Last season, when Arsenal suffered a load of injuries defensively, I pointed out how although it might have been a good idea to invest in more defenders, Chelsea actually had fewer defenders in their squad. The response was that it was far more likely Arsenal players would be injured than Chelsea players and so the board should have known better and planned for Arsenal’s injuries.

I’m still doubtful that Arsenal defenders necessarily are any more likely to be injured than Chelsea’s, but regardless, it’s a moot point. Before last night’s signing of Abdul Baba Rahman, Chelsea actually had even fewer defenders than last year, with Filipe Luis having returned to Atletico Madrid. Even with Rahman, they now have six first-team defenders.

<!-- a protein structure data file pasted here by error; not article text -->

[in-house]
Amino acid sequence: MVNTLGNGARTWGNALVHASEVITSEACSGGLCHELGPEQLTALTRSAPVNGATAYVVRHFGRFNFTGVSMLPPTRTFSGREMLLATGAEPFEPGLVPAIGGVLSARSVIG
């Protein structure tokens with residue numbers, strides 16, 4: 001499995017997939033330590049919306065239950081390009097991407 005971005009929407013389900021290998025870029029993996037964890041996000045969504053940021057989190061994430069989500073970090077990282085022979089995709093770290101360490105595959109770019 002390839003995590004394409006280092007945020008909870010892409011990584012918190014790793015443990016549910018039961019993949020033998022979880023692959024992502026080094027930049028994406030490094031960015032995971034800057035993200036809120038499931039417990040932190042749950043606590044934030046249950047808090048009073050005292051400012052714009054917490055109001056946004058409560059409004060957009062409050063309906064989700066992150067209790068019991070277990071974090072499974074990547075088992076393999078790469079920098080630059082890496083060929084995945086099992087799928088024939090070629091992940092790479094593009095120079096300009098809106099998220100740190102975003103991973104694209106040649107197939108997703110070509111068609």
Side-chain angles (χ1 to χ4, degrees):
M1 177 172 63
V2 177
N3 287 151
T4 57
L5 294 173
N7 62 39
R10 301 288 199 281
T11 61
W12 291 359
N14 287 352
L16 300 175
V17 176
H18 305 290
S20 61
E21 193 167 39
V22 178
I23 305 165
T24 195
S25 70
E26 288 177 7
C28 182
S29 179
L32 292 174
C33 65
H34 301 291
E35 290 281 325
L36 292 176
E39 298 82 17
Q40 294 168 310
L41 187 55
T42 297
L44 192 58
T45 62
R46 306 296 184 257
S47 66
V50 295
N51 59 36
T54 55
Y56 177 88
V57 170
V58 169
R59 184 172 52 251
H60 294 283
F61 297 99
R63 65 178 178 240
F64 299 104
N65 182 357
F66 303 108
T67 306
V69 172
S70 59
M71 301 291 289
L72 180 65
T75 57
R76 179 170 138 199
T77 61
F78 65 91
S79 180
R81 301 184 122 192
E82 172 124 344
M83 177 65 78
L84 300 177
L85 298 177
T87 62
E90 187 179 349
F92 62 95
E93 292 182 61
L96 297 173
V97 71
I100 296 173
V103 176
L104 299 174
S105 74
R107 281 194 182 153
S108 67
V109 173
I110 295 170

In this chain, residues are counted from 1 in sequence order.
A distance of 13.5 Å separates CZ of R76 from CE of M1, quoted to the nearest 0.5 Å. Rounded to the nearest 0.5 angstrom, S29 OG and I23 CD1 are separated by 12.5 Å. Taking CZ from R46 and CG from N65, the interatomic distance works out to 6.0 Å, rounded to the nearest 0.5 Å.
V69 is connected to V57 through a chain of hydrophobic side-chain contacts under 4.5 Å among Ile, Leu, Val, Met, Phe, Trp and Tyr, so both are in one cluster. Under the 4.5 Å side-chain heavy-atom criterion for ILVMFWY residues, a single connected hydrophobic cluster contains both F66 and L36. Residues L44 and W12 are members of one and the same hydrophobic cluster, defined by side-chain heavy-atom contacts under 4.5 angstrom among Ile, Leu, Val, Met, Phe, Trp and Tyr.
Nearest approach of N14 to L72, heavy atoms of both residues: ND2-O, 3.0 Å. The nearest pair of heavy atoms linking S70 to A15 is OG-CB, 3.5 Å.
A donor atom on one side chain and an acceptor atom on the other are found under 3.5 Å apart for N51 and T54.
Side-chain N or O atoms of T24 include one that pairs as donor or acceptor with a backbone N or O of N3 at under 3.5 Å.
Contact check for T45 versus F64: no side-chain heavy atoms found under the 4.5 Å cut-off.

Of those six, there’s serious question marks over five of them: Rahman has never played at the top level before (although will probably be a success); Zouma is very young and has mistakes to iron out; Gary Cahill has lost form and Mourinho does not seem to fancy him anymore; and both Branislav Ivanovic and John Terry are getting very old to play every week in the Premier League.

That’s why I say the fitness of Chelsea’s players does not necessarily matter: it doesn’t matter if Terry and Ivanovic are fit, if while they’re fit they’re incompetent. There’s no doubting Terry had a great season last year. But the warning signs were already there with Ivanovic, and at some point Terry’s age was bound to catch up with him.

Clearly, there’s a danger in reading too much into two games, not least when Chelsea have just played probably the most difficult domestic game of the season. But unless Chelsea bring in at least one more top-level defender (John Stones’ price will keep on going up while Chelsea defend this badly), I’m reasonably confident Arsenal will finish above Chelsea.

Keep the faith.